Record-breaking wave thunders through North Atlantic

A colossal wave recorded in the North Atlantic has smashed previous records for size.

The 62 foot (19 meter) wave — captured between Iceland and the UK on February 4 2013 — has set a new world record for the biggest wave ever recorded by a buoy, according to the World Meteorological Organization (WMO).

The previous record of 60 feet (18 meters) was also measured in the North Atlantic in December 2007.

Four times the size of a double-decker bus, the WMO said the huge swell followed the passage of a “very strong cold front” which produced powerful winds of up to 50 mph (80 kph).

The organization said the delay in confirming the new record was due to the time it took to analyze, cross-check and verify the data.

“This is the first time we have ever measured a wave of 19 meters. It is a remarkable record,” said Wenjian Zhang, WMO Assistant Secretary-General, in a statement.

Wave height is defined as the distance from the crest of one wave to the trough of the next.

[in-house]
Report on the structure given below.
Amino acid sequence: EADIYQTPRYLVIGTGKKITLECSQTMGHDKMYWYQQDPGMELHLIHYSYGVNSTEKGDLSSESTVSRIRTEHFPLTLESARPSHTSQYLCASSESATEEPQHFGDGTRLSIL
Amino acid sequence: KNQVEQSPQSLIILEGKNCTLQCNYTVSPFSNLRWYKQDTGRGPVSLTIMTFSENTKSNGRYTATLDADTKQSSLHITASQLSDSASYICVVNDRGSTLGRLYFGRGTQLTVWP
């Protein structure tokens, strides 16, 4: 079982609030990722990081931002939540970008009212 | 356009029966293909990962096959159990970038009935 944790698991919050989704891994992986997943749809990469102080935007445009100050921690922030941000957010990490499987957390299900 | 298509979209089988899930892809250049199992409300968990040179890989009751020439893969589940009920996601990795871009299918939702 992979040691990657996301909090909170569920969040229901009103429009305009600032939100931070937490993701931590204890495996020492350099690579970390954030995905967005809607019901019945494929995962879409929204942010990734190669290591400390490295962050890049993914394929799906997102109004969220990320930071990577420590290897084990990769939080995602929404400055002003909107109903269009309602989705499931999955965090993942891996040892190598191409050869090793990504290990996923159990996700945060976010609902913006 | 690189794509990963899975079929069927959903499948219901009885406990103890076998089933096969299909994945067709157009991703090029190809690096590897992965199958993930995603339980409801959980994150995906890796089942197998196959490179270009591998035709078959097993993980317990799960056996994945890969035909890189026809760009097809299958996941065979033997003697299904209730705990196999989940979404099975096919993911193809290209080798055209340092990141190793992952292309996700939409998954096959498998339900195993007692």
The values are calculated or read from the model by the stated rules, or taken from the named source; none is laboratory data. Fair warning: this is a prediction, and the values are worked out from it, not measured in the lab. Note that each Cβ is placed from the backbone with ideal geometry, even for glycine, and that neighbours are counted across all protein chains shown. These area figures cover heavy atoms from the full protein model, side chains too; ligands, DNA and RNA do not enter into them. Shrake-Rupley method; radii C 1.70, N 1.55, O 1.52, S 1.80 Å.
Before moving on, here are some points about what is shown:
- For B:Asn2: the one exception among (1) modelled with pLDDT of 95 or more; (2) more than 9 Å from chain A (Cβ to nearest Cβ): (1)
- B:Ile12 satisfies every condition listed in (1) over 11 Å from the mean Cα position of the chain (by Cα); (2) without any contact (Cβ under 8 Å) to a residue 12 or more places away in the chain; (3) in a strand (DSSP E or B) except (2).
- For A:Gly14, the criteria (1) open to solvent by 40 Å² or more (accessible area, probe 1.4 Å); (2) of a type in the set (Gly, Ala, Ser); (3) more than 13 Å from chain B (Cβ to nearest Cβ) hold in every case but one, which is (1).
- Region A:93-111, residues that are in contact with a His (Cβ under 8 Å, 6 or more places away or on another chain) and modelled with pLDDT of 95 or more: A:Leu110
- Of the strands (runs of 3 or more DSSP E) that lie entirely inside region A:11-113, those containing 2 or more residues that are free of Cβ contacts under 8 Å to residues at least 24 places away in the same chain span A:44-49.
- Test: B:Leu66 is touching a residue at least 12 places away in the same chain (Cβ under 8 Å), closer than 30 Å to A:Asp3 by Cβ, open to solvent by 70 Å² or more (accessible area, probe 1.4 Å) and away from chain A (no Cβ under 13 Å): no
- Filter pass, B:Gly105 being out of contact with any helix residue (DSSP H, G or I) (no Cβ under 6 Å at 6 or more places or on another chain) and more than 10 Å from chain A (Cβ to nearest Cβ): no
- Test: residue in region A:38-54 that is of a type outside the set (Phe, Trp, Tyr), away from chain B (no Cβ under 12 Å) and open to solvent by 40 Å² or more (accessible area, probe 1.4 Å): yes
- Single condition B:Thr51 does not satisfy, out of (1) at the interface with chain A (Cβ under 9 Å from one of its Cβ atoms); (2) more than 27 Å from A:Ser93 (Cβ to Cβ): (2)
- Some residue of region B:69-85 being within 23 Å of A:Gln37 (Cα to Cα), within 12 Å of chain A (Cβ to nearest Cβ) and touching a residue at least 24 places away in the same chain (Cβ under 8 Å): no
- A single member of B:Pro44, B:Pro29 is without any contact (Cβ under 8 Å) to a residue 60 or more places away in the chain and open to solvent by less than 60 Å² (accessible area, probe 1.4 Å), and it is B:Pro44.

The buoy that recorded the wave is part of an extensive network of both moored and drifting buoys that — along with ships and satellites — monitor the oceans and forecast “meteorological hazards.”

Zhang said capturing a wave of this size highlights how important these observations are in protecting the lives of crew and passengers on busy shipping lanes.

“We need high quality and extensive ocean records to help in our understanding of weather/ocean interactions,” he said.

He added that despite huge leaps in satellite technology, moored and drifting buoys still play a major role in collecting data from those hard to reach places.

While the gigantic swell has confirmed its place in the record books, it falls short of the biggest wave ever surfed.

A mammoth 78 foot (23 meter) wave was surfed by Hawaiian, Garret McNamara, in November 2011 at Nazare, in Portugal.